Google to Stop Updating Play Services for Android Jelly Bean

by Duey Guison  July 10, 2021

Android Jelly Bean–or also known as Android 4.1, 4.2, and 4.3–has been in existence since 2012. It was a landmark Android update, as it introduced Project Butter for a smoother UI, along with Google Now (which is now the Google app), expandable notifications, and several audio improvements that comprise of support for external DACs via USB, multi-channel audio, AAC support, and gapless playback.

It has been a good 9 years, and Google is going to pull the plug on Jelly Bean by not updating Play Services. Jelly Bean’s last Play Services update will be version 21.30.99, which is scheduled to release by the end of August.

By dropping Play Services support, Android phones rocking Jelly Bean can no longer install new apps (they will be limited to the last version of the app that supports Jelly Bean), and this also means a lighter load for the development team. Google says that less than 1% of Android users are using Jelly Bean, which prompted Google to drop support for the 9-year-old Android version completely.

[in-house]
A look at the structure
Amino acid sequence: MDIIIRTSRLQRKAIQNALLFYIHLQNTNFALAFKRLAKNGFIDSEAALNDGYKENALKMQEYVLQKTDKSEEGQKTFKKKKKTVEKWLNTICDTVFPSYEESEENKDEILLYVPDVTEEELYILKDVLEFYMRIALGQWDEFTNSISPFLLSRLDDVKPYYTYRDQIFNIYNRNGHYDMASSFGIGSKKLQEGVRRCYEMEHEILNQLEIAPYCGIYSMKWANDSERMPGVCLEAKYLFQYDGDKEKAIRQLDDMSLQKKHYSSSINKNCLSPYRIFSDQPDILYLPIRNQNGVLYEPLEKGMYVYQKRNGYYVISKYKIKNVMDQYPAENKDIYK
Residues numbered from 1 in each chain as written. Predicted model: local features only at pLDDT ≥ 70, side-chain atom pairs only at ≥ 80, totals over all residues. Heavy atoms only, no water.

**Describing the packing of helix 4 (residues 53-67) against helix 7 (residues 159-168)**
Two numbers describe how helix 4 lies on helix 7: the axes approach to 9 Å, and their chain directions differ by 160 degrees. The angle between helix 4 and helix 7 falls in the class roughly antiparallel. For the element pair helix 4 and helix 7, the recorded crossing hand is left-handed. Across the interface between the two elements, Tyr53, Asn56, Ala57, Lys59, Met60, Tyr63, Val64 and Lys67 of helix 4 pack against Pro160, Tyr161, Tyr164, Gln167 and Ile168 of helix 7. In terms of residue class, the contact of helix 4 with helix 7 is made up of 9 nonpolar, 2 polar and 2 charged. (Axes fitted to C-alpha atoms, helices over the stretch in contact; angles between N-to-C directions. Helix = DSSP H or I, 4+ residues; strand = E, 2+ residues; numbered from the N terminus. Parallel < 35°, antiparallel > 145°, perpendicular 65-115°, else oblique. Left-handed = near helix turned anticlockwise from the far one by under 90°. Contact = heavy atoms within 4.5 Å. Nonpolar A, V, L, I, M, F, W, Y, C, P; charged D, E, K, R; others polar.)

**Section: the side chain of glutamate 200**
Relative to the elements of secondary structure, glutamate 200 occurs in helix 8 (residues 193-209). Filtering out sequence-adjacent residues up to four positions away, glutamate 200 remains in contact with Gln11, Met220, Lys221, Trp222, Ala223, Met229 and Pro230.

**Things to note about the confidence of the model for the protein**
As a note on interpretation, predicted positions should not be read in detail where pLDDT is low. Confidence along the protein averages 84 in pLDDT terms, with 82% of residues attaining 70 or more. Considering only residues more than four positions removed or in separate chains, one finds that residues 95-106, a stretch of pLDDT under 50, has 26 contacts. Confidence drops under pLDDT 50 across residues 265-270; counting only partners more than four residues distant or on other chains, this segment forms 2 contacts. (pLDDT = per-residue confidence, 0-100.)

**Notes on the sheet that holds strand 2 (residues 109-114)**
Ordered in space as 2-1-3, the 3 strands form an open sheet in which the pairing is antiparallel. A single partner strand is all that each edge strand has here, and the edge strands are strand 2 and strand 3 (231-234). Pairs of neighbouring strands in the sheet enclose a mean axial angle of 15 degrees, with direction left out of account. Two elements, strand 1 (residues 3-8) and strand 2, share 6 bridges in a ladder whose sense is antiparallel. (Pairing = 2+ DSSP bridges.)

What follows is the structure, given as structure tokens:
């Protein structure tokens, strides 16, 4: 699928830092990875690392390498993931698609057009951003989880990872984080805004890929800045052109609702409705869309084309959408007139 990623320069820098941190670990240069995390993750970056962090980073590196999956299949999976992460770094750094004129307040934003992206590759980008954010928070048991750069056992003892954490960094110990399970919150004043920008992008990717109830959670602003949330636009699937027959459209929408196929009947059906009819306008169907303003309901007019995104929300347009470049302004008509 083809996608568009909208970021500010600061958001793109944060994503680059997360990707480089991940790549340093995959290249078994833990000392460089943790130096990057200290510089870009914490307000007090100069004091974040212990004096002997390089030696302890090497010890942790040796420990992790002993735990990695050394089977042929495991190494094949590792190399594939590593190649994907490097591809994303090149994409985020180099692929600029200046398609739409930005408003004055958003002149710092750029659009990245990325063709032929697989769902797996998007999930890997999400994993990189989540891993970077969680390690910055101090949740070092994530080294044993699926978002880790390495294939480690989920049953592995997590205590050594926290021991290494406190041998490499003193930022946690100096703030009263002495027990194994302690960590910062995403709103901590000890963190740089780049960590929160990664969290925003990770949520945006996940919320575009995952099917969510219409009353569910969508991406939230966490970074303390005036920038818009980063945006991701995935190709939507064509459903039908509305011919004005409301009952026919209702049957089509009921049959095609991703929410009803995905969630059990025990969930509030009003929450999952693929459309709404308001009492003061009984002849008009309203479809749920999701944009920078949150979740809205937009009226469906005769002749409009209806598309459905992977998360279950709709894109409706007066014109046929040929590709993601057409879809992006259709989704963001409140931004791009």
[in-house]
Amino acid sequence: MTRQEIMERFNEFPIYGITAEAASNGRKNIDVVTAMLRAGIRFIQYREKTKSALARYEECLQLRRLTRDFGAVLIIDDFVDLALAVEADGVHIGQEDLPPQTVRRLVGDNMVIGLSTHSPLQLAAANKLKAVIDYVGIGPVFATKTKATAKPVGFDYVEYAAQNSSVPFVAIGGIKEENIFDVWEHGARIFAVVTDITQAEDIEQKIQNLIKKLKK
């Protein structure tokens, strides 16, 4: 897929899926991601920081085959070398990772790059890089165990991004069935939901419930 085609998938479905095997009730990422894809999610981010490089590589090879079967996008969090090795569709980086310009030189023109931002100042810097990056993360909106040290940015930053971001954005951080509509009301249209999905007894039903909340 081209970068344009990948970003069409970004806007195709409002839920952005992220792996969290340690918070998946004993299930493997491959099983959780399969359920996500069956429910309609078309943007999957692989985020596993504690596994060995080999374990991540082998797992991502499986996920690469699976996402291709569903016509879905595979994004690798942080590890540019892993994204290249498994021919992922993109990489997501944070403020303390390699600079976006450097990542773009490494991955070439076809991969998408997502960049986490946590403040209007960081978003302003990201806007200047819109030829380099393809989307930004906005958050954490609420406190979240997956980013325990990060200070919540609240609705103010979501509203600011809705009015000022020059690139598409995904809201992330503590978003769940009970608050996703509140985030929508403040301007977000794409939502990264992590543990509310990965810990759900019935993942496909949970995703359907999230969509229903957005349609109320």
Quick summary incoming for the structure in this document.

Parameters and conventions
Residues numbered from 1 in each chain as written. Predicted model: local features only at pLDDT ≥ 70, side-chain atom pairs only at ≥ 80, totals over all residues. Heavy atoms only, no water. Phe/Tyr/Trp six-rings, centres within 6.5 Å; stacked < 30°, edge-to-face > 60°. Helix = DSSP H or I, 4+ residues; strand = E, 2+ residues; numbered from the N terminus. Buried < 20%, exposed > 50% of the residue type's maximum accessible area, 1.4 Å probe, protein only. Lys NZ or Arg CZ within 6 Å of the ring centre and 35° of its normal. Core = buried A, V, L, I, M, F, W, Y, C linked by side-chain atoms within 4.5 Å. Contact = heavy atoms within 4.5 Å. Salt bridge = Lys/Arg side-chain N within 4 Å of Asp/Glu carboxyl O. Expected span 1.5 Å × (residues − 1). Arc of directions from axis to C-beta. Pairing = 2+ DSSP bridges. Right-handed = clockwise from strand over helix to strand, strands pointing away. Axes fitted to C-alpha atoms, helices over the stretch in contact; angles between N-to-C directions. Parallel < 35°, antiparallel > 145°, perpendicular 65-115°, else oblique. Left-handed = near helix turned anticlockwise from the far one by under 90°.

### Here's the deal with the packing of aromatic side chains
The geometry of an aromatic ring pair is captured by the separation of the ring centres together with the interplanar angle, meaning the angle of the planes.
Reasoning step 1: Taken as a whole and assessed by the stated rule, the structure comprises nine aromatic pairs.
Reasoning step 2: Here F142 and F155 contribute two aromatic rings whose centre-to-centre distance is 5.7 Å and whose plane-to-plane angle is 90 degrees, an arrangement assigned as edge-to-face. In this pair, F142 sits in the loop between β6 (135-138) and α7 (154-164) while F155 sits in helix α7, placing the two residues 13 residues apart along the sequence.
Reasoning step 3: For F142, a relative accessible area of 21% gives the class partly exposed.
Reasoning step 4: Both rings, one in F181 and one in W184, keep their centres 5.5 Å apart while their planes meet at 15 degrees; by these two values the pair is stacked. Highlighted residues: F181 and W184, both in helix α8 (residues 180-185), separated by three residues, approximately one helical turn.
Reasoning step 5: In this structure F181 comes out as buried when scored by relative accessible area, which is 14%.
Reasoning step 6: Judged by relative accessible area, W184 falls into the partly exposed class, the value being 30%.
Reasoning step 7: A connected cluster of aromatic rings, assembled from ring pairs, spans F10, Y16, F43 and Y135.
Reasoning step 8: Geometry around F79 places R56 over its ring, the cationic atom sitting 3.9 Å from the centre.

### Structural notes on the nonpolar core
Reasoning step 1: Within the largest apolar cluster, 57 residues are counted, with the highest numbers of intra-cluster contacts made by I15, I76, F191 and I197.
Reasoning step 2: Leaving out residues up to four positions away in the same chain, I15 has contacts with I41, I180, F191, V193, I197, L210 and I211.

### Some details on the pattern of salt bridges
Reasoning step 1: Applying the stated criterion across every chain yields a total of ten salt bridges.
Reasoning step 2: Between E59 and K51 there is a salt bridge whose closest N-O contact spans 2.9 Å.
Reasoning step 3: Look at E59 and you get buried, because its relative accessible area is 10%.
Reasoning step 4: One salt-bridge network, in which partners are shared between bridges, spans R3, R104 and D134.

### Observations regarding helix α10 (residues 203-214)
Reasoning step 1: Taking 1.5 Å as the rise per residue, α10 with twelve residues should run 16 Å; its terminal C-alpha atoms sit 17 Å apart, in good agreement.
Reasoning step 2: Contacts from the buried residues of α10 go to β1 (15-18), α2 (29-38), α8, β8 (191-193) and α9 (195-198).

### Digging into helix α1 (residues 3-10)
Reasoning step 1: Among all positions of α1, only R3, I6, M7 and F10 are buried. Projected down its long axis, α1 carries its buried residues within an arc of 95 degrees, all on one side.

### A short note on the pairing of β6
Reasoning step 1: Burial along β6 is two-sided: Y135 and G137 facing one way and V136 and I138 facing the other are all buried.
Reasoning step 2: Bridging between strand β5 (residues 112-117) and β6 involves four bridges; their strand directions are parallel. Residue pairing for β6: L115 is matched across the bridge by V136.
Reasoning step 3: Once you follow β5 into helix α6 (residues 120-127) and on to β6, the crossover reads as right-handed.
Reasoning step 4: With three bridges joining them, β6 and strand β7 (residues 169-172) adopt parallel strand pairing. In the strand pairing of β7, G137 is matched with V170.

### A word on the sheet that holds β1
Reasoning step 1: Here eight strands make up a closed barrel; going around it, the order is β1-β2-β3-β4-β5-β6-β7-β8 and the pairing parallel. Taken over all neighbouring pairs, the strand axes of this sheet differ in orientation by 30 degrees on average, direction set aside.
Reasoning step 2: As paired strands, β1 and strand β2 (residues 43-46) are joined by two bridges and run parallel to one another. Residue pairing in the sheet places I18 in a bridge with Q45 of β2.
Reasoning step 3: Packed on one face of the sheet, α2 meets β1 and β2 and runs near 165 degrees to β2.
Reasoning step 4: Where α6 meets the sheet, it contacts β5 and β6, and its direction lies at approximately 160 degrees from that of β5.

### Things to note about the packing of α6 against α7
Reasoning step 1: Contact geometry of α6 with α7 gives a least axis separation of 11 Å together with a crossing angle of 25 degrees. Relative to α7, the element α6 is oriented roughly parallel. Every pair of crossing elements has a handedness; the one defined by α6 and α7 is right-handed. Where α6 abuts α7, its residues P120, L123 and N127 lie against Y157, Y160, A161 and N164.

Because of this move, Google recommends developers to bump up the minimum API level to API Level 19–which is equivalent to Android 4.4 KitKat.

A very small percentage of all Android devices are using API levels less than 19. We believe that many of these old devices may not be actively being used,” Google said in their post. “If your app still has a significant number of users on older devices, you can use multiple APK support in Google Play to deliver an APK that uses Google Play services 21.30.99.”

In Google’s latest Android version breakdown, Android 10 only accounts for 8% of devices, while Android Pie and Oreo have a bigger share at 30% and 20% respectively.

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